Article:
The Unexpected Visitor
The two room cabin Rachel Archer rented wasn’t air tight, but it beat sleeping out in the open with the migrants. Sitting at her kitchen table drinking a second cup of morning coffee, she watched the freight trains slow down at the road crossing. Four men jumped on the flat cars and six leaped off. It was an ever day occurrence these days. Homeless and jobless men headed west, looking for work. The men disembarking were on their way back home after finding out there weren’t any jobs to be had. At night, the red and gold glimmer of a dozen or so campfires glowed in the timber near the cabin. Most days, at least a couple poorly dressed, unbathed men, looking half starved, knocked at the back door, expecting her to give them a handout.
Rachel picked the three folded sheets of tablet paper up off the table and reread them. Last week, the letter came from a fellow teacher, Mary Winters. Rachel hadn’t seen her for over a year when they spent a term teaching at the same school seventy-five miles away. She was delighted Mary was coming for a visit. In fact, her friend be arriving any minute.
Looking around the cabin, Rachel anxiously wondered what Mary would think of this place she called home. No matter what condition it was in or how cramped she was for room, Rachel considered herself lucky to have a place to live. The alternative was staying at a student’s home. This way she had privacy, and the door locked so she felt safe at night.
If only she could stop the nightly noises that kept her awake. Lately, the irritating gnawing under the kitchen floor had given her nights of disturbed sleep. What she heard had to be a rat. No mouse would be big enough to make that much racket. Suddenly a horrible thought came to her. What if that rat made his way through the wooden floor while her company was visiting? How embarrassing that would be.
Mid morning, Mary Winters knocked on the cabin door. Rachel greeted her with a hug. "Come in. It is so good to see you."
"I couldn’t wait to get here. I’ve missed our talks this last year," Mary said, returning Rachel’s hug.
"Me, too. Sit down at the table. I’ve kept the coffee pot on so we could have a cup when you got here. I expect you are about wore out from the trip."
"Not really, but the roads make for rough riding with all the pot holes and ruts. I thought that poor truck I hitched a ride on was going to fall apart before the farmer got me here," Mary said, laughing. As she sat down, she looked around the combined kitchen-living room.
"Not the biggest of home, but big enough for me. Beats bunking with one of the students," Rachel assured her. "I wouldn’t have a bit of privacy, and another family’s home life is so hard to get used to for me and them."
"I know that feeling. I spent the last term with a family of six kids. That might not be so bad, but the father made me nervous. I didn’t like the way he watched me all the time."
"Did he think you might steal something?"
"I don’t think that was his problem. I just made sure to never be alone with him," Mary admitted, ducking her head bashfully.
"You must get out of there. You are applying for a different school for this fall, aren’t you?" Rachel asked, appalled at what her friend had been going through.
"Already got a different school close by as a matter of fact so we can visit more often," said Mary, grinning.
A train, traveling east, blew its whistle as it approached the crossing. Mary watched out the window with a frown. The freight train slowed down. Men jumped from the box cars and ran into the trees. "Did you have a good year here at the school?" Mary kept a troubled look as her eyes stayed glued to what was happening out the window.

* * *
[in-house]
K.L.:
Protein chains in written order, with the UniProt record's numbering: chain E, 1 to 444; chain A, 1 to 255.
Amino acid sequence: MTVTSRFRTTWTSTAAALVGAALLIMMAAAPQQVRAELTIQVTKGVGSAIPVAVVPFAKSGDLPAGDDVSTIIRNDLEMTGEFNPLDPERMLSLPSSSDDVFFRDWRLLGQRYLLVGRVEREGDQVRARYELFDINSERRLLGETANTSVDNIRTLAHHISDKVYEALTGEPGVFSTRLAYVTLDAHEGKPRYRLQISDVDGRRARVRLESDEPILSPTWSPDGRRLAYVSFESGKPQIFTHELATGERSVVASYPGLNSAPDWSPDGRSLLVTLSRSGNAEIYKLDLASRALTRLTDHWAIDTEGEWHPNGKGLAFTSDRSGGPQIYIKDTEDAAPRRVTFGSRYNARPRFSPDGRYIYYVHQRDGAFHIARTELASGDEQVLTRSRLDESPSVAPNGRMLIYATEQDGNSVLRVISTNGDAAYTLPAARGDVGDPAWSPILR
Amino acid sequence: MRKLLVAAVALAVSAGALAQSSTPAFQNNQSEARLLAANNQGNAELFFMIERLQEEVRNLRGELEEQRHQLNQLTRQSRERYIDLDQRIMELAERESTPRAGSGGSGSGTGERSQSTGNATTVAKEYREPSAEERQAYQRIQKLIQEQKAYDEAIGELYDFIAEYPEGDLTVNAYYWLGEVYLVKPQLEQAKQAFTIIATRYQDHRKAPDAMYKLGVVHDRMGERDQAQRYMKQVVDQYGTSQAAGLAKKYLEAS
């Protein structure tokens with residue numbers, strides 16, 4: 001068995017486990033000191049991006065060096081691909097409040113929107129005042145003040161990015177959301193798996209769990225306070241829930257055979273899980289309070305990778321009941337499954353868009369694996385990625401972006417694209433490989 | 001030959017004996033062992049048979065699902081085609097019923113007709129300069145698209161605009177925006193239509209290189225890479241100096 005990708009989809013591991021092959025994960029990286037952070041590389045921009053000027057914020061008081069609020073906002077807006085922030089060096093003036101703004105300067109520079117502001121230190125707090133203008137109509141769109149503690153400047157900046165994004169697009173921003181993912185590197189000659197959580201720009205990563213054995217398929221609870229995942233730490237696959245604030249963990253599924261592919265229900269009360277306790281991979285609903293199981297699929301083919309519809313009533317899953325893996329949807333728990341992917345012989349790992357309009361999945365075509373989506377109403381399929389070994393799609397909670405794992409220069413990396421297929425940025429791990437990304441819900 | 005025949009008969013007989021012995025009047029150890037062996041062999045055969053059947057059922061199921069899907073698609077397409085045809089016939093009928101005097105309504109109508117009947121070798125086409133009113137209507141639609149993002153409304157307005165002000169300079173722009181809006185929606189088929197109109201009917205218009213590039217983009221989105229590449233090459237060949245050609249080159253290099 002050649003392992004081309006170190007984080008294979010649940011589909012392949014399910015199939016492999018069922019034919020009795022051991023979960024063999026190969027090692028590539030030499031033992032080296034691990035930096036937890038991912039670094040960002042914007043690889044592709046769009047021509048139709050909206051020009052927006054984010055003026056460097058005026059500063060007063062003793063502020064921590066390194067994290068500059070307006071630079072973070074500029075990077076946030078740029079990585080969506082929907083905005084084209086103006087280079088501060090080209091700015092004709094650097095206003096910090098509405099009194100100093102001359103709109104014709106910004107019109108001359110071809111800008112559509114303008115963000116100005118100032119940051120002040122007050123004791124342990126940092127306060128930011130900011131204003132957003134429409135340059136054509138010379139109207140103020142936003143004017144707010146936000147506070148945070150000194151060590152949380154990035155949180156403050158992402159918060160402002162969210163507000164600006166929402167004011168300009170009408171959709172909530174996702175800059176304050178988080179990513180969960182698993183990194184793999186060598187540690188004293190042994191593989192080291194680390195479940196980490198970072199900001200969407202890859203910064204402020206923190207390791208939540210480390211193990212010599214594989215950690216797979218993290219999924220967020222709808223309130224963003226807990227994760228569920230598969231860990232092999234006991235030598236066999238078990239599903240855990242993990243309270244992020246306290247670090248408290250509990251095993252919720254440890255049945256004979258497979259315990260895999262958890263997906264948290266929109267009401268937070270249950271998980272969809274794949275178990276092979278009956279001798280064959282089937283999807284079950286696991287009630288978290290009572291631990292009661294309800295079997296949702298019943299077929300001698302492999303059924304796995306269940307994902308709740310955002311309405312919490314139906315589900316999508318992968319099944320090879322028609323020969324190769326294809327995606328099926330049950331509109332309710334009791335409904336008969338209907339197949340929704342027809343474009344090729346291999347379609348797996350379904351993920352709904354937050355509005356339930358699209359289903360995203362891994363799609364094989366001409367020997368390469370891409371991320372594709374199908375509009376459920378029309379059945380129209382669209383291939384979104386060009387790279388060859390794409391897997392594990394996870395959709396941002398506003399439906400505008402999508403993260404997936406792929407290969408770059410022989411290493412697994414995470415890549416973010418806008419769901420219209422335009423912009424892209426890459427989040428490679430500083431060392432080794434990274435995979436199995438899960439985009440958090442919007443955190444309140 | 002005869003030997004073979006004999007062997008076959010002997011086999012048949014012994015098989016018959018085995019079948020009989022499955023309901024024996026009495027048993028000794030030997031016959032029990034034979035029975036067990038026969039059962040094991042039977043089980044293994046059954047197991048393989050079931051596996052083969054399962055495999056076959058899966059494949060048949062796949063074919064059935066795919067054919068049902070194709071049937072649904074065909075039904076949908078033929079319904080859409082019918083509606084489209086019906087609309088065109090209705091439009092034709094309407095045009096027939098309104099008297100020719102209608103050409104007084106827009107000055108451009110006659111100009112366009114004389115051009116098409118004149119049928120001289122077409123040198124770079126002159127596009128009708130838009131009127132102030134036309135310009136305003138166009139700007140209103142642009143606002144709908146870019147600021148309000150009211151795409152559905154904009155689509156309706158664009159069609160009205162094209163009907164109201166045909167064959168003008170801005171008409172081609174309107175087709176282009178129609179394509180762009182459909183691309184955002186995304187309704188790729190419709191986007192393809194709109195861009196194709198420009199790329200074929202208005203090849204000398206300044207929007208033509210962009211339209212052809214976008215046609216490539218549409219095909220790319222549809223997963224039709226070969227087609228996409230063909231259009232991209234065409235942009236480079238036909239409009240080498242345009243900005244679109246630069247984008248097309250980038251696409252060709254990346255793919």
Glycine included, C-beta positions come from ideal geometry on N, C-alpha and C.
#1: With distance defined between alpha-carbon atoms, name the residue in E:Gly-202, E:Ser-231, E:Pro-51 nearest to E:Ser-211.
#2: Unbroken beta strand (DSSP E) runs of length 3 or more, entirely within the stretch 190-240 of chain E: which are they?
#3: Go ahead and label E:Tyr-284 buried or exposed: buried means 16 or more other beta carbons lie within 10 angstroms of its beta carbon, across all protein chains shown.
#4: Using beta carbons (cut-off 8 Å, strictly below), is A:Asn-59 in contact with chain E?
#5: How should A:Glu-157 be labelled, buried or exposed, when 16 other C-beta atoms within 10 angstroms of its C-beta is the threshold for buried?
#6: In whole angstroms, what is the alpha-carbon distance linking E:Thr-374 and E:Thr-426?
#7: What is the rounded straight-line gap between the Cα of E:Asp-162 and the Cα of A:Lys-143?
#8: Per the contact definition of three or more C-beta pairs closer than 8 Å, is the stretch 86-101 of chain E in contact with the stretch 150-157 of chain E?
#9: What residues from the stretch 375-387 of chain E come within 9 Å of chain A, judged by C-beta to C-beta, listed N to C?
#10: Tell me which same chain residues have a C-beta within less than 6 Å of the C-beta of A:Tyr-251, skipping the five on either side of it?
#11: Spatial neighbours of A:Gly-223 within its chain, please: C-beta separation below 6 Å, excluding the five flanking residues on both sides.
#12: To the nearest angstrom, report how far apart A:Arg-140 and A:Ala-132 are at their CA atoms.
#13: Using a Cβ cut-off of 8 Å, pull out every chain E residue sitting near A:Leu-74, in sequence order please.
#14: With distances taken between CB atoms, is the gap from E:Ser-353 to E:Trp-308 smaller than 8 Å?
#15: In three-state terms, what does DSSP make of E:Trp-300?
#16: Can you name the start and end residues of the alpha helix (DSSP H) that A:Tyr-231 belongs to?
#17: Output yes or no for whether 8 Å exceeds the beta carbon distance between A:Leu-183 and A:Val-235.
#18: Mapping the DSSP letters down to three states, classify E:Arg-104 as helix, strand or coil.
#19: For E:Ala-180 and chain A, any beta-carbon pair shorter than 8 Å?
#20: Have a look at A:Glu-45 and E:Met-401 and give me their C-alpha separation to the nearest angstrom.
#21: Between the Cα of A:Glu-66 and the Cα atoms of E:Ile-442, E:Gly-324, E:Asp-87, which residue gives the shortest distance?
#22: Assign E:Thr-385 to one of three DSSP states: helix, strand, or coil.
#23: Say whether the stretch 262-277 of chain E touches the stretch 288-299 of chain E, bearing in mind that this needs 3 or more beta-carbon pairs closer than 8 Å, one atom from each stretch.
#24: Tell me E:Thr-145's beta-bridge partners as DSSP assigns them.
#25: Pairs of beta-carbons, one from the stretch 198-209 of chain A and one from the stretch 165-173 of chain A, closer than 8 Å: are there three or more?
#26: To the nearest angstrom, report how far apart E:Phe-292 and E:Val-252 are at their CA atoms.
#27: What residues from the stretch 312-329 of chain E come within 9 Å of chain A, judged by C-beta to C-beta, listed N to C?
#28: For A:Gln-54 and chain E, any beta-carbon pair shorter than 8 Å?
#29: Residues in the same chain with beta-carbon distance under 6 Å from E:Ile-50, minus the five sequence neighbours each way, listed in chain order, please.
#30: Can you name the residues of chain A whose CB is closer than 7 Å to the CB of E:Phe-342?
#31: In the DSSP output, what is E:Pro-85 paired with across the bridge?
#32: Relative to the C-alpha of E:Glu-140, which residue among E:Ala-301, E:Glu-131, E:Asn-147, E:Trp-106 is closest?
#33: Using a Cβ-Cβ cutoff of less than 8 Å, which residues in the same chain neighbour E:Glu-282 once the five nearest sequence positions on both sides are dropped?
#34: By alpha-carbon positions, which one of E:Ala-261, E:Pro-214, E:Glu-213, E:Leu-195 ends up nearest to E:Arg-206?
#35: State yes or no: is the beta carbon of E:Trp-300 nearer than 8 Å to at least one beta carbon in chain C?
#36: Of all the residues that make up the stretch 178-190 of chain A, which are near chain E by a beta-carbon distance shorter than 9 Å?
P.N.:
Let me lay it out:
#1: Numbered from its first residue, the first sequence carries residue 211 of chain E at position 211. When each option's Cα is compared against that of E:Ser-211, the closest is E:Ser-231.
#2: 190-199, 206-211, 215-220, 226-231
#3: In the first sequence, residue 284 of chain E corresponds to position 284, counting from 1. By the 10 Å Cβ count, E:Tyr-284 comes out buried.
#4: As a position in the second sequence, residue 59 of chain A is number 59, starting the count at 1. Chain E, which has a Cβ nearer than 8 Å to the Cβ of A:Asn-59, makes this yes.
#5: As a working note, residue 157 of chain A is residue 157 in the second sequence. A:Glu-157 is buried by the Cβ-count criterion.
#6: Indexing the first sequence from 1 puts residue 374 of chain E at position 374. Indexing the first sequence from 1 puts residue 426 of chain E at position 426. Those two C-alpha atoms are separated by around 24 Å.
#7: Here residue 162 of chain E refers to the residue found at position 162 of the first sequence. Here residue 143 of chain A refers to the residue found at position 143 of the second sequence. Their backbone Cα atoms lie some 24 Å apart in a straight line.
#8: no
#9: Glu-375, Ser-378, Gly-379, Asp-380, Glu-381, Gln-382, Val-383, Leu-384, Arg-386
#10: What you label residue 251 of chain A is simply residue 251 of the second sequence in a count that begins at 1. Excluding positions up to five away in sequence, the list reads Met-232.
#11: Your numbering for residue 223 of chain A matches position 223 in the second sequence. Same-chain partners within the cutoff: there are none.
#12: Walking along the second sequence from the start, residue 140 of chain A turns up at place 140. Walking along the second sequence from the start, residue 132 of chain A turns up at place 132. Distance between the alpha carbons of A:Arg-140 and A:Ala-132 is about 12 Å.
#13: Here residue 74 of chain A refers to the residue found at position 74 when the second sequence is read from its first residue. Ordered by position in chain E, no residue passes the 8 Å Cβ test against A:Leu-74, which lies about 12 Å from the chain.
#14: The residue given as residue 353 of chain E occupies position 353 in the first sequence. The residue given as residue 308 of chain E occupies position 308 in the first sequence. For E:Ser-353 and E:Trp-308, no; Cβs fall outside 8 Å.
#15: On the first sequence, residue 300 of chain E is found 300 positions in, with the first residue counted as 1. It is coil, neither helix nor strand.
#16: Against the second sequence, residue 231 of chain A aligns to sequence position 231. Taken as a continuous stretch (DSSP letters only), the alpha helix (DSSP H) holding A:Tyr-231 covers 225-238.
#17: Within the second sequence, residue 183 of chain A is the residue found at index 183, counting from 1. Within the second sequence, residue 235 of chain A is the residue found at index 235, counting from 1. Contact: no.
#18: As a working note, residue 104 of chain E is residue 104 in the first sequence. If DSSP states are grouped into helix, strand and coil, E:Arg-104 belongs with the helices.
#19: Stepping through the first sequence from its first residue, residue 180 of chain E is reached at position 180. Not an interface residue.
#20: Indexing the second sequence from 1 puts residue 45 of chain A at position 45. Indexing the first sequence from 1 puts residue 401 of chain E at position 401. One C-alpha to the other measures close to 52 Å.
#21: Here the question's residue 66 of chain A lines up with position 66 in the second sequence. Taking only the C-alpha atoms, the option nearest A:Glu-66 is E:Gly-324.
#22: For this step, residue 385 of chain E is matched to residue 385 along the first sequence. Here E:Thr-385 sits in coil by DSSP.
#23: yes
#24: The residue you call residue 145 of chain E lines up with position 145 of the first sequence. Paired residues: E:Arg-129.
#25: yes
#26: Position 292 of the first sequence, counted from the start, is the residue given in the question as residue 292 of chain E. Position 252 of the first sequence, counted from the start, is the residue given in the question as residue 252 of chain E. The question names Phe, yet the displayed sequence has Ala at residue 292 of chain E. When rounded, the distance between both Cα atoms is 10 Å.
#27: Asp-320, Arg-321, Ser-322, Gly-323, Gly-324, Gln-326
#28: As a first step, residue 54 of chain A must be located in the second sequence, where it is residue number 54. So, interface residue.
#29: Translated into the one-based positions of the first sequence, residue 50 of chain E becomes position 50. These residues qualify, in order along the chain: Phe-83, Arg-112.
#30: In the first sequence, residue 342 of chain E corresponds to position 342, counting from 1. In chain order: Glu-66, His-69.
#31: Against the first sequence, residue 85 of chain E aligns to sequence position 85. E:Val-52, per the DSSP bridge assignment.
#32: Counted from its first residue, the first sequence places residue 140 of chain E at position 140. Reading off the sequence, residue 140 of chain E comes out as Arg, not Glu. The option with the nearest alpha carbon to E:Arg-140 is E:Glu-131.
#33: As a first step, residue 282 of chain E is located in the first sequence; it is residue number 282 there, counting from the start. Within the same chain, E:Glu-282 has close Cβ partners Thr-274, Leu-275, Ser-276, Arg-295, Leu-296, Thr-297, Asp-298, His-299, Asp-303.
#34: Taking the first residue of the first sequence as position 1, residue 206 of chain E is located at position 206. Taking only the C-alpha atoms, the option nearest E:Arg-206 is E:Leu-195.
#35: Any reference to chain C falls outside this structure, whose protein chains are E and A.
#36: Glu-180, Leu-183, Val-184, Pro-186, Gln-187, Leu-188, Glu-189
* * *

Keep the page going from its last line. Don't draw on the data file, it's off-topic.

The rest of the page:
"Yes, I had a nice size bunch of kids. Sometimes I wish I lived somewhere that didn’t get as much snow in the winter. I hate being snowed in for days on end," Rachel admitted.
"I know that feeling," Mary said in a distracted voice. Another train, headed west, slowed down at the crossing. Men ran along side and jumped on while almost as many men leaped off. Mary shook her head in dismay.
"Is something wrong?" Rachel asked.
"How are you so brave to live this close to the railroad tracks? Hobos keep jumping on and off the trains at the crossing."
"The hobos don’t bother me," Rachel assured her. "They do knock on the door once in awhile to ask for food. If I have extra, I give what I can."
"Doesn’t sound like a good idea to me. You shouldn’t encourage that sort of thing. Those men look desperate to me and that makes them dangerous," warned Mary.
"Perhaps, you’re just edgy because of what you’ve been through this last year. Those men are just down on their luck. How about some lunch? This afternoon, I want to take you over to the school and show you around. I have a car. When you’re ready to leave in a few days, I’ll take you back to town to catch a bus," Rachel offered.
After dark, Mary jumped at every little noise outside. Rachel laughed at how spooked her friend was. "Relax. There’s always stray dogs and cats prowling in the night, looking for scraps."
By bedtime, Mary still wasn’t convinced the cabin was a safe place to sleep. A series of sharp yips startled her. The racket came from the hillside in front of the cabin.
"That is coyotes on the run. They’ll be into some farmer’s chickens before morning, I expect," Rachel told her.
The yips came again. "Those animals sound like they’re right outside the cabin," Mary said, shuttering.
Angry voices, some talking loud and others yelling, drifted from the timber to the women through the thin cabin walls. "Sounds like the migrants are into a fight again," said Rachel with a sigh.
"Again," screeched Mary. "You mean this happens often?"
"Once in awhile. Some of the migrants are a rough lot," Rachel admitted, looking at her sideways.
In the bedroom, Mary put on her nightgown and crawled under the covers on the cot Rachel fixed for her. She tossed and turned, having trouble going to sleep in the pitch black room. In a trembling voice, she said, "Rachel, how do you know the difference between a dog prowling outside your door and a hobo?"